When it comes to cooking matsutakes, Japanese cooks are the undisputed masters. Most of what I know about this mushroom is from researching Japanese methods and recipes. The Japanese revere matsutake, which means “pine mushroom,” and treat them like the special ingredients they are, although I am certain the Koreans and Chinese do, too. If you know of any Korean or Chinese matsutake recipes, please share!
The Japanese have a few rules when cooking matsutake:
- Never wash them. Just wipe the mushrooms down with a damp paper towel or cloth.
- Slice them thickly, or else you lose the aroma.
- However you cook them, do so in a way to preserve that aroma, i.e., steaming, wrapped in foil, in rice (see below) or in a clear soup.
That said, I’ve read all sorts of conflicting information on how “best” to cook matsies. Some say slice thin and eat raw. Some say never sauté. Others wax poetic about sautéed matsutake. Here’s what I know.
The first thing I ever did with matsutakes was to coat them in olive oil, salt them, skewer them on rosemary branches, then broil. (It was raining out, otherwise I would have grilled them.) They were delicious. Still firm, still smelling of cinnamon and pine, with just a little caramelization on either side. The Japanese grill their matsutakes simply this way, too, only using shoyu and mirin. Lesson learned: Don’t mess with these mushrooms too much, or you will lose what makes them special.
I’ve also scattered sliced matsutake on trout or steelhead and wrapped the whole thing in foil. Again, big-time aromas and flavors. Lesson learned: Matsutakes really benefit from a cooking method that traps the aroma, as well as a shot of acid at the end.
Another classic matsutake mushroom dish is a clear broth with the mushrooms. My friend Jaden Hair has a great version of this recipe on her website, Steamy Kitchen. The Japanese make this with dashi broth, but a light game broth, like grouse or pheasant, is perfect, too.
I’ve also tempura-fried matsutakes, which is awesome. Fried mushrooms can be heavy and greasy, but tempura is by definition light and crispy — what’s more, the batter holds in the aroma. Lesson learned: Everything tastes good fried.
But if you’ve never cooked matsutakes before, you really ought to start with the bedrock dish: matsutake gohan, a Japanese rice dish. it’s easy as pie, really captures the aroma and flavor of the mushrooms, and is about as Japanese as you can get.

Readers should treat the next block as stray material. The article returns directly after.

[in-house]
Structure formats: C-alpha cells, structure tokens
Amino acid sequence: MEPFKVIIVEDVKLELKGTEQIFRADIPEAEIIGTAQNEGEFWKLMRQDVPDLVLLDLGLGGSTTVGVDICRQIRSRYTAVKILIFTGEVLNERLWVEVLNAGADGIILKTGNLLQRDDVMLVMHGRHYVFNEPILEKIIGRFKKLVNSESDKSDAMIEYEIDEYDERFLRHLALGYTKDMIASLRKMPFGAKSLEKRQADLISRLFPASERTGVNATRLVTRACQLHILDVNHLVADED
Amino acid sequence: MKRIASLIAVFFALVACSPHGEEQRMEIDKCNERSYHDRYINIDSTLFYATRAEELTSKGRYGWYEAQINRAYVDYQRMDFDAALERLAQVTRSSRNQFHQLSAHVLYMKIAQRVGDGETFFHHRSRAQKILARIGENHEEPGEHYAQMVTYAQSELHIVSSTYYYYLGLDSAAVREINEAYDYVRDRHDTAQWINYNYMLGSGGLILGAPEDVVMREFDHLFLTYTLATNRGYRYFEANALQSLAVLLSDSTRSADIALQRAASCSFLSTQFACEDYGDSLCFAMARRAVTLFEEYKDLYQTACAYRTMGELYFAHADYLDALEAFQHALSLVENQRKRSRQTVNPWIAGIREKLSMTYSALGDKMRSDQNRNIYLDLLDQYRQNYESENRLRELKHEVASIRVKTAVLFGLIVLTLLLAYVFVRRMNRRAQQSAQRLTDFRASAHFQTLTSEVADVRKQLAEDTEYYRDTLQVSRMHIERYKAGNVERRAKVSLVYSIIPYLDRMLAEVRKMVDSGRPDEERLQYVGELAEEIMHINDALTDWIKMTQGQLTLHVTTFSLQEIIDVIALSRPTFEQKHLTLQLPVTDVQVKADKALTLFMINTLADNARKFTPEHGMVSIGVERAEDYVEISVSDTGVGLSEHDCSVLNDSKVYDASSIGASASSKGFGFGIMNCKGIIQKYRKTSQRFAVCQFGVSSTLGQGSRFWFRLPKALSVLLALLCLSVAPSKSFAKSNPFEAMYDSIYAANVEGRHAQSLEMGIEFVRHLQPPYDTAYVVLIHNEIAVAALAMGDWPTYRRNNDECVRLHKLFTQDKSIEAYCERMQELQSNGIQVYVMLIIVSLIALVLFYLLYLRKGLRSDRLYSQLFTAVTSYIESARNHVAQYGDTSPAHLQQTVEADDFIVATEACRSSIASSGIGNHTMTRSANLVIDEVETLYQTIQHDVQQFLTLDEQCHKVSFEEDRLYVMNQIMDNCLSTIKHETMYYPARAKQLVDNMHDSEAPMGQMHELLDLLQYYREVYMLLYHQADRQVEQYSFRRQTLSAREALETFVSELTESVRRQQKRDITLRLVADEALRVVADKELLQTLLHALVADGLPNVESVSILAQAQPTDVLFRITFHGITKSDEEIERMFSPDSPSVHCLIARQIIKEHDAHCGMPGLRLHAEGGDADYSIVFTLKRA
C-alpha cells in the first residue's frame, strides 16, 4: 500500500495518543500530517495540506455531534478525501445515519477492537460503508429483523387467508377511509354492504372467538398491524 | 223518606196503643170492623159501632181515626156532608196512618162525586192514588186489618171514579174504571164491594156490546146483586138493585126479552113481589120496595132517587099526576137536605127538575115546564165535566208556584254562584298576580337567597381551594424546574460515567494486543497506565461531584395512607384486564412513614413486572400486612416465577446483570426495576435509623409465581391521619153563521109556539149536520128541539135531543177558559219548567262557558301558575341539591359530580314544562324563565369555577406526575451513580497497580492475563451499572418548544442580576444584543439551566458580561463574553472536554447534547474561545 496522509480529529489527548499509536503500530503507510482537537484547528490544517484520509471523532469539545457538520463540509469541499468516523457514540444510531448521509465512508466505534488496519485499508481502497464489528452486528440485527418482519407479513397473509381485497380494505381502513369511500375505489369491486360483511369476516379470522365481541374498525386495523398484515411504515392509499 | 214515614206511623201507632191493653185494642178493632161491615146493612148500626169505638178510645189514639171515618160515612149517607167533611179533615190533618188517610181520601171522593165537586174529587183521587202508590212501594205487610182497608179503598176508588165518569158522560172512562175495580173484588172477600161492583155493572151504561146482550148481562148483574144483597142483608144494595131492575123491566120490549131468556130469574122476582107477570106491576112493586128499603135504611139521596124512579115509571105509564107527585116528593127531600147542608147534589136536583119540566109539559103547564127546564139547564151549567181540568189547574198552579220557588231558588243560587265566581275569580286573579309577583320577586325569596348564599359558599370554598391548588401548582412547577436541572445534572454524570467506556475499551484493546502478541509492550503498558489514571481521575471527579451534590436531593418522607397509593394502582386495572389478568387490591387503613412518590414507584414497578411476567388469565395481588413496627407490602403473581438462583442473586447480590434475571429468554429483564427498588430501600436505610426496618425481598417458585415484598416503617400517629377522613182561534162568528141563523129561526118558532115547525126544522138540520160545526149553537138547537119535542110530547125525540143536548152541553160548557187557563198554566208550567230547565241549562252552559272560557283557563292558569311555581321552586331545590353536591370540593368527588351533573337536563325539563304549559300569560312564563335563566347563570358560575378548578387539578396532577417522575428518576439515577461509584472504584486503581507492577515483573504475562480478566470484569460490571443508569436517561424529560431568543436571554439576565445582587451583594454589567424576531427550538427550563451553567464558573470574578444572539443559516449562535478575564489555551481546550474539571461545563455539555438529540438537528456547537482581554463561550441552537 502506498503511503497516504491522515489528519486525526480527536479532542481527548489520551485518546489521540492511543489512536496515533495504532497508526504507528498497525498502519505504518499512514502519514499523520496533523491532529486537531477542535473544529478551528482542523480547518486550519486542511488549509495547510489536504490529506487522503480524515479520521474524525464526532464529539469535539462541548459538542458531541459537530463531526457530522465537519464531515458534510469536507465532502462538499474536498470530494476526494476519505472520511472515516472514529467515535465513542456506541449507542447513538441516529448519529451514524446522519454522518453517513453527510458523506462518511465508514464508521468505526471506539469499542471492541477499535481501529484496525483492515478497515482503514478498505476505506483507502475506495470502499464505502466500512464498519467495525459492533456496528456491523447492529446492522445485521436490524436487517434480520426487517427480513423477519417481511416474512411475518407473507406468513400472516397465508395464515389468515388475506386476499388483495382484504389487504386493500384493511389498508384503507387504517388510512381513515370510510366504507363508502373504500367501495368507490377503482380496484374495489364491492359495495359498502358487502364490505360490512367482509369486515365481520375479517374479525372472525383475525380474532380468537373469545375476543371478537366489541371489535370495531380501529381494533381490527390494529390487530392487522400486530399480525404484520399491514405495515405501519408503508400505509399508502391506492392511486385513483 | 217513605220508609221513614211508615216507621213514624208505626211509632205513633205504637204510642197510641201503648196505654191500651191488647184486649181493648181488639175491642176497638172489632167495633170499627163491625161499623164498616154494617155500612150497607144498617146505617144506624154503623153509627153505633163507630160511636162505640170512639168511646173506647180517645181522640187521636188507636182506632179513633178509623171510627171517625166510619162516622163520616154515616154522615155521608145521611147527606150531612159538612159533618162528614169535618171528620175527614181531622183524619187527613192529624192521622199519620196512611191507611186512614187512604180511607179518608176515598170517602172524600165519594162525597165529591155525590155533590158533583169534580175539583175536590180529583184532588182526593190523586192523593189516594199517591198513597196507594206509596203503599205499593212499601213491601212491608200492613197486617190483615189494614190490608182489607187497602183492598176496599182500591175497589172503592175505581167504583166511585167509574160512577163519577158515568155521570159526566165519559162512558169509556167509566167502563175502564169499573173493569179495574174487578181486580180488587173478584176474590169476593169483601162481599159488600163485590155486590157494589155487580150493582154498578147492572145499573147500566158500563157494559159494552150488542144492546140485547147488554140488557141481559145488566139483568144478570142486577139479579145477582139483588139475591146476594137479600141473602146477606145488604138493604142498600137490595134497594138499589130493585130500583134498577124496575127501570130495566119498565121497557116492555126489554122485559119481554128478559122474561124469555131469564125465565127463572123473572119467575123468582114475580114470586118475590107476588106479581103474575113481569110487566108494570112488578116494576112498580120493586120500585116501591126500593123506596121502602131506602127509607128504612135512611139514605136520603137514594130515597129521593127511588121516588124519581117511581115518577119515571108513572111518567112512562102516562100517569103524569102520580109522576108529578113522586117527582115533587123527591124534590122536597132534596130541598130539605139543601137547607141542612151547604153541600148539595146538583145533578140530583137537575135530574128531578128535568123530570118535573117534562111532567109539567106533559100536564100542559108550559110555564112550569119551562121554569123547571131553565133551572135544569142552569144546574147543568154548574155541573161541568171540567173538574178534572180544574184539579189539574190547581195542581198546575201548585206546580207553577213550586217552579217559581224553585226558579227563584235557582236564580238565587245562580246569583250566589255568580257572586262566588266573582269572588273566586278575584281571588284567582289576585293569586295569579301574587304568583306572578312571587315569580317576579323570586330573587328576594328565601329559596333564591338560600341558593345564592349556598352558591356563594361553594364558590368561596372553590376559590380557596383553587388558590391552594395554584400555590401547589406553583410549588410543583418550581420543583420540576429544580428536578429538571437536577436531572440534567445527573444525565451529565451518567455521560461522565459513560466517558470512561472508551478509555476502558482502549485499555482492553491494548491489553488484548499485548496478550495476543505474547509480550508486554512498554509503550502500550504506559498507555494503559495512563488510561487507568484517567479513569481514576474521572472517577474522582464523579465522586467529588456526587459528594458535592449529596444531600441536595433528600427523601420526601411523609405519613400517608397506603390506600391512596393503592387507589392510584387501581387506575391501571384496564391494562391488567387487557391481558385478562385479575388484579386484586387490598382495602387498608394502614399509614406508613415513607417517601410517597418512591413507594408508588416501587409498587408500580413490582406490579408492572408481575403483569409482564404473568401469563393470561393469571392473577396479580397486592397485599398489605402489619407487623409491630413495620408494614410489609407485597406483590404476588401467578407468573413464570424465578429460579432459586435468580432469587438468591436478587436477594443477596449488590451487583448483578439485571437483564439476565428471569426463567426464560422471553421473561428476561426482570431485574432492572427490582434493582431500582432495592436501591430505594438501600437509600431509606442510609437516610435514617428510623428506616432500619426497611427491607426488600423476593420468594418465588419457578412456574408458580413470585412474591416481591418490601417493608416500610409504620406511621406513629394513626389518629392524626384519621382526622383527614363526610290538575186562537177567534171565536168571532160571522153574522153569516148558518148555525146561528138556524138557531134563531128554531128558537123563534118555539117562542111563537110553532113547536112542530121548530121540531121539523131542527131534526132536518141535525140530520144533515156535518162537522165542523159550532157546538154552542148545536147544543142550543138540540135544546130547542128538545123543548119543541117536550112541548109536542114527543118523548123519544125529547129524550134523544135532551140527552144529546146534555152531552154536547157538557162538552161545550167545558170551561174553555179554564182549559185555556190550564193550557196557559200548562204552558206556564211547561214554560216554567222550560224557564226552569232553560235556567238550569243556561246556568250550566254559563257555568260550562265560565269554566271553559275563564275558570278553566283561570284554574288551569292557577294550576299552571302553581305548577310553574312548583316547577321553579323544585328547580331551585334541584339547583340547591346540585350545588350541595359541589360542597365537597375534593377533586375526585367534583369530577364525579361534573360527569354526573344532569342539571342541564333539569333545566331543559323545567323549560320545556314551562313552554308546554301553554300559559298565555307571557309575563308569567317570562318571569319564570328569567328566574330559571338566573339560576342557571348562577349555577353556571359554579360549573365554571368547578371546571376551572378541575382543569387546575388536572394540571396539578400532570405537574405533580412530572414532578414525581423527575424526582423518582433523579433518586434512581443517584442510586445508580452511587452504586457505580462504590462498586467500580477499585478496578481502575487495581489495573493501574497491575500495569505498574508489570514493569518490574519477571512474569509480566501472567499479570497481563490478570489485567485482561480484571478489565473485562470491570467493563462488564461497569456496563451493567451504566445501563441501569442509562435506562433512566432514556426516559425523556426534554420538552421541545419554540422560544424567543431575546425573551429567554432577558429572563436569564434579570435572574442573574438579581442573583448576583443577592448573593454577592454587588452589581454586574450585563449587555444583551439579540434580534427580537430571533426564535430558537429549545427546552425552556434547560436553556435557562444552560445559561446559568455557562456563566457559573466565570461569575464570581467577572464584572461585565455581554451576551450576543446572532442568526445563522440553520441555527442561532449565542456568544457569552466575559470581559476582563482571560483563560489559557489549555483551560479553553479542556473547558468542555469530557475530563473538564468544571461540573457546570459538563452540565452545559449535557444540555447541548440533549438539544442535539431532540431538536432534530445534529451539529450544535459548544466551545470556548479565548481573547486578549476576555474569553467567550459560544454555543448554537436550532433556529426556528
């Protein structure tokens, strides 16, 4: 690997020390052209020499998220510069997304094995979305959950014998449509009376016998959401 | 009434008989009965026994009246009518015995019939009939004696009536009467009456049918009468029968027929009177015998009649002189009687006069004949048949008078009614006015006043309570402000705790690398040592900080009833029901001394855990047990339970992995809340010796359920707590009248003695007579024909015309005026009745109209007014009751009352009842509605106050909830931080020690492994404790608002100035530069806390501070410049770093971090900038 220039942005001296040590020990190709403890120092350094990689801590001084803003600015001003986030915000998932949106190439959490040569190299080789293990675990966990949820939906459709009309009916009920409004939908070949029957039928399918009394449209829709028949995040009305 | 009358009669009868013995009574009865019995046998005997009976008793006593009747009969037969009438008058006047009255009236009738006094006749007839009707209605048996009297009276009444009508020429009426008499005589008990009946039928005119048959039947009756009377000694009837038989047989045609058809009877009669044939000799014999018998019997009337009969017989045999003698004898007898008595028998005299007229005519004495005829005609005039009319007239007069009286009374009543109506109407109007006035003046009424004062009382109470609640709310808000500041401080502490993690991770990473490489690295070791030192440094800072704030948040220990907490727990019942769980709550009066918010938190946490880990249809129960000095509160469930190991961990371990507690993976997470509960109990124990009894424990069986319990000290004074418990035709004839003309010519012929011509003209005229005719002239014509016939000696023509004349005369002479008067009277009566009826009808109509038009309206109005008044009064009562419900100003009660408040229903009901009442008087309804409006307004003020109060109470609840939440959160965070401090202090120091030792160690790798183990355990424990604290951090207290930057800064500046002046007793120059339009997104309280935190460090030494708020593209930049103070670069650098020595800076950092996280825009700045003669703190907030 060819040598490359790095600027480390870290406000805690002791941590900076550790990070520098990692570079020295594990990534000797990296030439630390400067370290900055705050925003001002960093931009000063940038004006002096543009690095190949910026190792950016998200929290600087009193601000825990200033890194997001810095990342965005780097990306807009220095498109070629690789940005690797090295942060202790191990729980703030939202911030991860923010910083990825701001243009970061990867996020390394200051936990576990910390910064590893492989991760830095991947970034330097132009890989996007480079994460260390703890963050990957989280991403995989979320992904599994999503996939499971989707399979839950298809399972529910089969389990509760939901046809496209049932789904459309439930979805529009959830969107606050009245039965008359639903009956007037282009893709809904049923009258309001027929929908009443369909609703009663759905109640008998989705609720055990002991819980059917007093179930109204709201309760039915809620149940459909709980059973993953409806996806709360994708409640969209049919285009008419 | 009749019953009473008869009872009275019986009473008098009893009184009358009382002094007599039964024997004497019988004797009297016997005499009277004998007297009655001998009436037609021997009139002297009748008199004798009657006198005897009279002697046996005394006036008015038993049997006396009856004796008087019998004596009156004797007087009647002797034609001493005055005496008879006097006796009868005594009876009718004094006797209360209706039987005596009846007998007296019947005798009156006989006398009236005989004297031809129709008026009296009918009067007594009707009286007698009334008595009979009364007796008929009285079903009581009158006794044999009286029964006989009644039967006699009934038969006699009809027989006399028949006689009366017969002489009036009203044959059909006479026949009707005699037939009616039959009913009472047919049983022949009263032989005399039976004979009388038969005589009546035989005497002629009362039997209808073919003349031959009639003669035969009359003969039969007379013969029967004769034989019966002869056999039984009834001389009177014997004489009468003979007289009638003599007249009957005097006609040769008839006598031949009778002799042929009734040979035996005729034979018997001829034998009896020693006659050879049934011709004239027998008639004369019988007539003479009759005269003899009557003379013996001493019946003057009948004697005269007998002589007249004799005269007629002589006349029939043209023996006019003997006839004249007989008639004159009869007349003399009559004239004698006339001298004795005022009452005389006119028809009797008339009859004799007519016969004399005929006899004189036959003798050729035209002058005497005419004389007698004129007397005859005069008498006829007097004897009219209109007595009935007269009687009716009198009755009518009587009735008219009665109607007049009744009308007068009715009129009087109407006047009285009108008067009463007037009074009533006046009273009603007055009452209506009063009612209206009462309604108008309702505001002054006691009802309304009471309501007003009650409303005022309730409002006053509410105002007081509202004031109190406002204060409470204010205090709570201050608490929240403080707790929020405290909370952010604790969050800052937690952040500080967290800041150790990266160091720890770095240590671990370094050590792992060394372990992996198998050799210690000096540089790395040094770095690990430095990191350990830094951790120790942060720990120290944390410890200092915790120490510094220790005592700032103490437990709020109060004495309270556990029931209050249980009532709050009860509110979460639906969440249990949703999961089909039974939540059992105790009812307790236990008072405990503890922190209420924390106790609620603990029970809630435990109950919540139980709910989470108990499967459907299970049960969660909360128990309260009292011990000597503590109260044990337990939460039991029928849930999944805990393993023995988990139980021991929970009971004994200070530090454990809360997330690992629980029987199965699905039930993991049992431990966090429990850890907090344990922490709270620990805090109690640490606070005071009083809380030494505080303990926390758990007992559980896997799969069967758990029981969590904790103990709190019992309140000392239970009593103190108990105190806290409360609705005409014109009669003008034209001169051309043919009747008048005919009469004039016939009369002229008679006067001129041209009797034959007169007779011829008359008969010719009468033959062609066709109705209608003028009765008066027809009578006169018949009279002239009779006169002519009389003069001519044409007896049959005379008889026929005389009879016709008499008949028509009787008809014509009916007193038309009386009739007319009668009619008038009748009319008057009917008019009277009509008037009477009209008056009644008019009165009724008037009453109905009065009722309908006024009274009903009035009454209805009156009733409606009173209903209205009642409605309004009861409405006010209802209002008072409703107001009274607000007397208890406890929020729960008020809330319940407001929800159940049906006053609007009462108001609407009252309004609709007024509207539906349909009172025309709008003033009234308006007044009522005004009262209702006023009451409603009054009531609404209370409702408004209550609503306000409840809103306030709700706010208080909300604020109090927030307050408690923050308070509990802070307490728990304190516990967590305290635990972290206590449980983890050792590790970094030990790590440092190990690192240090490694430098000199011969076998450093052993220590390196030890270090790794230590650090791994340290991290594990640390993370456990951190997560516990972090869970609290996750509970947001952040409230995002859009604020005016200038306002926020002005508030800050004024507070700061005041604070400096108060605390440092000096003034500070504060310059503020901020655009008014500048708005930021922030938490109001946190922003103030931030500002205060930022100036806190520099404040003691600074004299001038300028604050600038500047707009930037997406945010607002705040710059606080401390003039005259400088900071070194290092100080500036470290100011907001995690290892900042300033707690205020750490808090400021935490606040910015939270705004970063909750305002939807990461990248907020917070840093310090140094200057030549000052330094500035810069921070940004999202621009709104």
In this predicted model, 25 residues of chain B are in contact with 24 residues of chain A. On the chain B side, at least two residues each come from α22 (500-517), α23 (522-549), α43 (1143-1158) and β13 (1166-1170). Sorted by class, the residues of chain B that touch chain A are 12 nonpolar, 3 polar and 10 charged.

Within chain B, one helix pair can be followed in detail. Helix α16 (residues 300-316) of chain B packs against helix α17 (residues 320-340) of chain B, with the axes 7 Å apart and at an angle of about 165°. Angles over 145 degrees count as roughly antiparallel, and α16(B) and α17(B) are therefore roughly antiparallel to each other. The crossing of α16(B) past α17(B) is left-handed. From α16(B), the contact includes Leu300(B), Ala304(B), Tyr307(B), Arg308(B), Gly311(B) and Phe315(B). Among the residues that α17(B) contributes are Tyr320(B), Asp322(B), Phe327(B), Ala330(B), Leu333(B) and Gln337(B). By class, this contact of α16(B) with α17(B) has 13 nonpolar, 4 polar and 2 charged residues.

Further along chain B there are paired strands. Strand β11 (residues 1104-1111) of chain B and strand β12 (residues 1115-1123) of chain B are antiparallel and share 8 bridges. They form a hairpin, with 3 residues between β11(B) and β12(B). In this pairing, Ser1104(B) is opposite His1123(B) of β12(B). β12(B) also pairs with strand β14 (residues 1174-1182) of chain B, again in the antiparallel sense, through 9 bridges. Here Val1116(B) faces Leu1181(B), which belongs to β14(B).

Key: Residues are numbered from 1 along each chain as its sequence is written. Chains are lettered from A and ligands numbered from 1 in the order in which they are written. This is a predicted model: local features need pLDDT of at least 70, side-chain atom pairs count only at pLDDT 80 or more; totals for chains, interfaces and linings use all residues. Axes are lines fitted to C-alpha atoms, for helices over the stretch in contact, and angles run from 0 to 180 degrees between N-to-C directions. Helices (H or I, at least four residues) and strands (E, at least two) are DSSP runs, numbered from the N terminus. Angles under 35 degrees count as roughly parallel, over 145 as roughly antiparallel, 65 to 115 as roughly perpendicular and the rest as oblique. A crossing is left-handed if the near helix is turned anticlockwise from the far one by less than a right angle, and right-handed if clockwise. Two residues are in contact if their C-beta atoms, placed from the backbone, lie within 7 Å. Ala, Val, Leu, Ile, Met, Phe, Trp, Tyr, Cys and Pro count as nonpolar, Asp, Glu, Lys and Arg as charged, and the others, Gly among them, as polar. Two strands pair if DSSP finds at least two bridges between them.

Matsutake Gohan, Japanese Matsutake Rice
- 4 cups water
- 1 ounce dried kombu seaweed
- A big handful of shaved bonito flakes
- 8 ounces matsutake mushrooms, sliced and chopped (see below)
- 2 cups short- or medium-grain rice
- 2 tablespoons sake
- 2 tablespoons soy sauce
- 1 tablespoon mirin
- 1 teaspoon salt
- 10-12 gingko nuts, peeled (optional)
- Chives or Japanese mitsuba for garnish
- If you are making the dashi, here's how. Pour the water into a large pot and add the kombu. Turn the heat to medium. Keep an eye on the pot, and at the moment it boils, remove the kombu. You can dry it out again and reuse it if you want to. Add the bonito flakes and simmer for 10 minutes. Strain this through a fine-meshed sieve and set aside. If you are using chicken stock or instant dashi, just use it when you cook the rice.
- For the matsutake, trim the stems so you can make pretty slices. Slice the mushrooms about 1/4 inch thick. Save the pretty cross-sections. Chop the remaining parts roughly.
- Put the chopped matsutake, rice, sake, soy, mirin, salt and enough dashi (or chicken broth) to cook the rice (follow the directions on the package, as different rices need different amounts of liquid to cook properly) in a bowl and let it sit for at least 10 minutes, and up to an hour. When you are ready to cook, put the contents of the bowl into a rice cooker or a pot and add the gingko nuts if you are using them. Lay the pretty slices of matsutake over everything. Cook according to your rice's directions.
- When the rice is done. Turn off the heat and let the rice steam for another 10 minutes. Lift off the pretty matsutake slices and set aside. Fluff the rice and mix in the chives; this rice is supposed to be a little sticky, by the way. To serve, put in bowls and lay the matsutake slices over each bowl.